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Buckingham Palace

State Banquets at Buckingham Palace

A look behind the scenes at this grand feast.

Guests at a State Banquet at Buckingham Palace, during a State Visit.©

Reading time: 3 minutes

State Banquets are captivating spectacles hosted at one of the royal residences during State Visits. These grand dinners are not just about magnificent food and sparkling chandeliers; they are a glimpse into a fascinating world of diplomacy and tradition.

So, what exactly does a State Banquet involve? Here we share everything you need to know.

What is a State Visit?

A State Visit is a formal visit to the UK by a Head of State from overseas, to strengthen diplomatic, professional and personal relations between the two countries. These visitors include monarchs, presidents or prime ministers.

Guests stay at Buckingham Palace or occasionally at Windsor Castle. Queen Elizabeth II hosted over 150 heads of state during her reign and King Charles III hosted his first State Visit in November 2022.

Planning for a State Visit is a coordinated effort between the Foreign and Commonwealth Office of the government and the Royal Household. The Visit typically includes a series of engagements including meetings with ministers and leaders of commerce and industry. A State Banquet for approximately 170 people is held on the first night of a State Visit.

Queen Elizabeth II and Prince Philip, Duke of Edinburgh with U.S. President Barack Obama and First Lady Michelle Obama.©

The invitations

Formal gilt-edged invitations are sent out two months before the event and preparations for the banquet begin several weeks in advance. Invitations are sent to all the ambassadors and high commissioners at the foreign missions in London, as well as past Prime Ministers, the Archbishops of Canterbury and York and other public figures.

The Ballroom at Buckingham Palace

Since 1914 State Banquets in London have traditionally been held in the Ballroom at Buckingham Palace. This enormous room, the largest of the State Rooms, was completed in 1855, during the reign of Queen Victoria. It was originally known as the Ball and Concert Room and features a musicians’ gallery complete with an organ. 

There are two thrones in the Ballroom which were made for the coronation ceremony of King Edward VII and Queen Alexandra in 1902. Above them, a triumphal arch, flanked by sphinxes and enclosing the throne canopy. The winged figures at the top of the arch symbolise History and Fame and support a medallion with the profiles of Queen Victoria and Prince Albert.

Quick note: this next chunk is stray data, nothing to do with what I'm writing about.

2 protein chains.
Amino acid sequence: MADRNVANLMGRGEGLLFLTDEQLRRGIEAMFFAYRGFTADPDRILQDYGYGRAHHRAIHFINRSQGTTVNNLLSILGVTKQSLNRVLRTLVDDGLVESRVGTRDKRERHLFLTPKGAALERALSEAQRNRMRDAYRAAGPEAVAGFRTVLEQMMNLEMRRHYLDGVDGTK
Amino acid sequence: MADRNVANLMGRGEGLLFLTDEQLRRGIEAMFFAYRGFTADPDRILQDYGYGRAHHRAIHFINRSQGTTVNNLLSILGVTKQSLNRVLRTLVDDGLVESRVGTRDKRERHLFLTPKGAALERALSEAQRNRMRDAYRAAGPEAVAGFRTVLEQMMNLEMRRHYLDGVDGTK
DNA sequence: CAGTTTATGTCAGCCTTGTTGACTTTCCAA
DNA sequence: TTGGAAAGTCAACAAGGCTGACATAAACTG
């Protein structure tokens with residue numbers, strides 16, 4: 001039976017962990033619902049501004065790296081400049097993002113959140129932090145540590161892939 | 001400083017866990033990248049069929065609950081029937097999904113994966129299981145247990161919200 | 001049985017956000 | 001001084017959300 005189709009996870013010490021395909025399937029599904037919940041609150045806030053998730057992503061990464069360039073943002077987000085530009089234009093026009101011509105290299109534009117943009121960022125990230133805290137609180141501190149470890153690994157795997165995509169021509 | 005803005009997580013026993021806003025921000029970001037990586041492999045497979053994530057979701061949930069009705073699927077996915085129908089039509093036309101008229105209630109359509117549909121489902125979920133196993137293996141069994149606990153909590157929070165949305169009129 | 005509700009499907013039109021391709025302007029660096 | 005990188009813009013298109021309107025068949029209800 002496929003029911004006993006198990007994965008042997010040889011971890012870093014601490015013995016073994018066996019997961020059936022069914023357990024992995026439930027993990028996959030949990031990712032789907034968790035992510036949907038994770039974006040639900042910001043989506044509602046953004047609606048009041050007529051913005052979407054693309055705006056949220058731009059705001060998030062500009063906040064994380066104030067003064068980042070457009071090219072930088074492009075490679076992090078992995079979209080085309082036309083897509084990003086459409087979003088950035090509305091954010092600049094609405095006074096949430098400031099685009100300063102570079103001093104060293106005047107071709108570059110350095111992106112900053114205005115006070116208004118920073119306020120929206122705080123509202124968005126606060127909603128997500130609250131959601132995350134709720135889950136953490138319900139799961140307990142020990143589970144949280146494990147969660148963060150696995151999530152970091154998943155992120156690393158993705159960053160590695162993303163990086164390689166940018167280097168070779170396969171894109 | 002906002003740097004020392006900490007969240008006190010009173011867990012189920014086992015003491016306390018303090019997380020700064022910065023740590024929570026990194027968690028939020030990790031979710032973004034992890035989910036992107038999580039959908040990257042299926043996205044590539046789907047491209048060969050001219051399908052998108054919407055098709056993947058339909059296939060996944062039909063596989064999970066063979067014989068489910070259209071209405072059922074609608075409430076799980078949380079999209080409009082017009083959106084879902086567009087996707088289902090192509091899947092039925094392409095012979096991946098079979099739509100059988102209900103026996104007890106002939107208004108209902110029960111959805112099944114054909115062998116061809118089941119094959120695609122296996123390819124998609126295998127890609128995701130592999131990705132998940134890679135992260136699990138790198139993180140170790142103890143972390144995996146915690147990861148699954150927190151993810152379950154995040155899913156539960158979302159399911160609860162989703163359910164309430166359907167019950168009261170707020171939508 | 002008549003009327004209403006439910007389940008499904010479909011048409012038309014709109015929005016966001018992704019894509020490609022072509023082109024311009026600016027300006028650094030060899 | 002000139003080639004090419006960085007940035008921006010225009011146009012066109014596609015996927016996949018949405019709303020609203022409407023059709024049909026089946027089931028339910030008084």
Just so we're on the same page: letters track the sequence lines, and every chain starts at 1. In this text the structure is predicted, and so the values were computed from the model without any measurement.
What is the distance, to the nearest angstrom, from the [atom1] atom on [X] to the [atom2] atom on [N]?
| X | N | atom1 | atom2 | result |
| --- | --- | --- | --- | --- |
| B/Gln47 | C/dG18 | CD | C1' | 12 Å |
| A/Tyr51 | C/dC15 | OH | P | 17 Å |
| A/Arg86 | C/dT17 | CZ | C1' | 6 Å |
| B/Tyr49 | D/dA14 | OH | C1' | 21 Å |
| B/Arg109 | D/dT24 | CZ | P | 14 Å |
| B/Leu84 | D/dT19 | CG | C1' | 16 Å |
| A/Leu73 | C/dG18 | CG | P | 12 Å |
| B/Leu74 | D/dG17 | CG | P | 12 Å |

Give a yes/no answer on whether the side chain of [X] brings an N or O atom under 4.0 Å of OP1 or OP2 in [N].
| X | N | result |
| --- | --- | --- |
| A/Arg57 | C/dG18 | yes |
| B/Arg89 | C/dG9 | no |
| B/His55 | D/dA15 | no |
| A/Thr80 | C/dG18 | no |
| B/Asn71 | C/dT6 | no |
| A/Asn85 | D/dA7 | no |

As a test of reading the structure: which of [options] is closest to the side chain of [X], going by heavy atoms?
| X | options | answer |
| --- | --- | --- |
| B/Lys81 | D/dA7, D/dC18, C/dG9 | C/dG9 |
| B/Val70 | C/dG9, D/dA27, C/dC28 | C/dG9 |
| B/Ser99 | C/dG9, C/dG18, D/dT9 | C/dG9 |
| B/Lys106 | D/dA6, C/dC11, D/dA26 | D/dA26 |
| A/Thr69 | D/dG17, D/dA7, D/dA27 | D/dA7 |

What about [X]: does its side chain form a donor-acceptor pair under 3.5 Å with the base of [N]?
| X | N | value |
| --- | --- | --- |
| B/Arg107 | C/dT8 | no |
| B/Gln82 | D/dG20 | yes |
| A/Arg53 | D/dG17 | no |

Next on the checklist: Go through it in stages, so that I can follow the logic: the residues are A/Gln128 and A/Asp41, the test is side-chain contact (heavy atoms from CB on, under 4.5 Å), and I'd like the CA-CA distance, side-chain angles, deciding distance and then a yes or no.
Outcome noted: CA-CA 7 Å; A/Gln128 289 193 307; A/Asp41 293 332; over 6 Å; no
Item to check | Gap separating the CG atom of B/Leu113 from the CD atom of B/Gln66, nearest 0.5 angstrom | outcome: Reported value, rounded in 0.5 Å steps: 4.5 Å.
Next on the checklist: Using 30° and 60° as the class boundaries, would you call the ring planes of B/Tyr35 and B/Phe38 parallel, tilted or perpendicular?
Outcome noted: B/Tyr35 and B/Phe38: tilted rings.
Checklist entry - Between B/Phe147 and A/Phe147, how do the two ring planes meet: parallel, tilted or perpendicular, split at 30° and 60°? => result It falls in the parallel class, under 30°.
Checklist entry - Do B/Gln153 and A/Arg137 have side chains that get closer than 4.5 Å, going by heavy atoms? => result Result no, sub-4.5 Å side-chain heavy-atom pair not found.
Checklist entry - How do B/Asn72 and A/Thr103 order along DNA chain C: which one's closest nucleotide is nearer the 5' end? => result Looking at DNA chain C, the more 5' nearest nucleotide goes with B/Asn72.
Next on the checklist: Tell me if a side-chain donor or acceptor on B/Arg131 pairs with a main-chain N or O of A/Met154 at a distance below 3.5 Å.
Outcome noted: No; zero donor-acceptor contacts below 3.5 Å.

Transforming the Ballroom for a State Banquet ©

The table

At Buckingham Palace, the table is traditionally arranged in a horseshoe shape, with the monarch and their guest of honour seated at the top table. The table is decorated with over 100 candles in silver-gilt candelabra, along with displays of seasonal fruit and striking flower arrangements in silver-gilt centrepieces.

State Banquets at Windsor Castle are held in St George’s Hall, where the 50m long table runs the whole length of the room. The monarch and Head of State sit in the centre of the table and musicians play from the balcony at the end of the Hall.

Staff members lay the State Banquet table, in the ballroom at Buckingham Palace.©
A menu from the Singapore State Banquet in 2014.©

The food

The Royal Chef is responsible for devising the menu for a State Banquet, which traditionally consists of four courses. There are two savoury courses, followed by pudding and dessert (fruit).

The Clerk of the Royal Cellars and the Yeoman of the Royal Cellars, in conjunction with the Head of Government Hospitality, choose the wine, which is selected to match the food once the menu has been approved.

The menu is written in French; this example is from the State Banquet held for a visit from Singapore in 2014. A translation of the menu shows a luxurious selection of food:

Fillets of Dover sole filled with salmon mousse on a bed of leeks with a white wine cream sauce

Poached supreme of Sandringham Estate pheasant with truffles, crushed root vegetables, gratinated chard and braised sweet potatoes

Chocolate and praline ice cream bombe

Seasonal fruits

A dessert plate (part of The Grand Service).©

The place settings

For a State Banquet, the table is set using items from the Grand Service as well as other items of precious silver and silver-gilt. Each guest has six glasses at their place setting.

The Grand Service is a dinner service of silver gilt (silver coated in a thin layer of gold) which comprises over 4,000 items. The service was originally made for George IV when Prince of Wales. The initial order cost around £60,000 and was first used at a banquet in 1811. George IV continued to add further pieces for the rest of his life, and his magnificent service has been used in every subsequent reign.

It takes eight people three weeks to clean and polish the service in preparation for a State Banquet.

Minton dessert plate©

The pudding course is served on the superb, turquoise-rimmed plates from a service by the Minton factory of Stoke. These were made for Queen Victoria in 1877. The fruit course (also known as dessert) is often served on plates from an 18th-century porcelain service acquired by George IV. Each plate is painted with exotic birds. 


The income from your ticket contributes directly to The Royal Collection Trust, a registered charity. The aims of The Royal Collection Trust are the care and conservation of the Royal Collection, and the promotion of access and enjoyment through exhibitions, publications, loans and educational activities.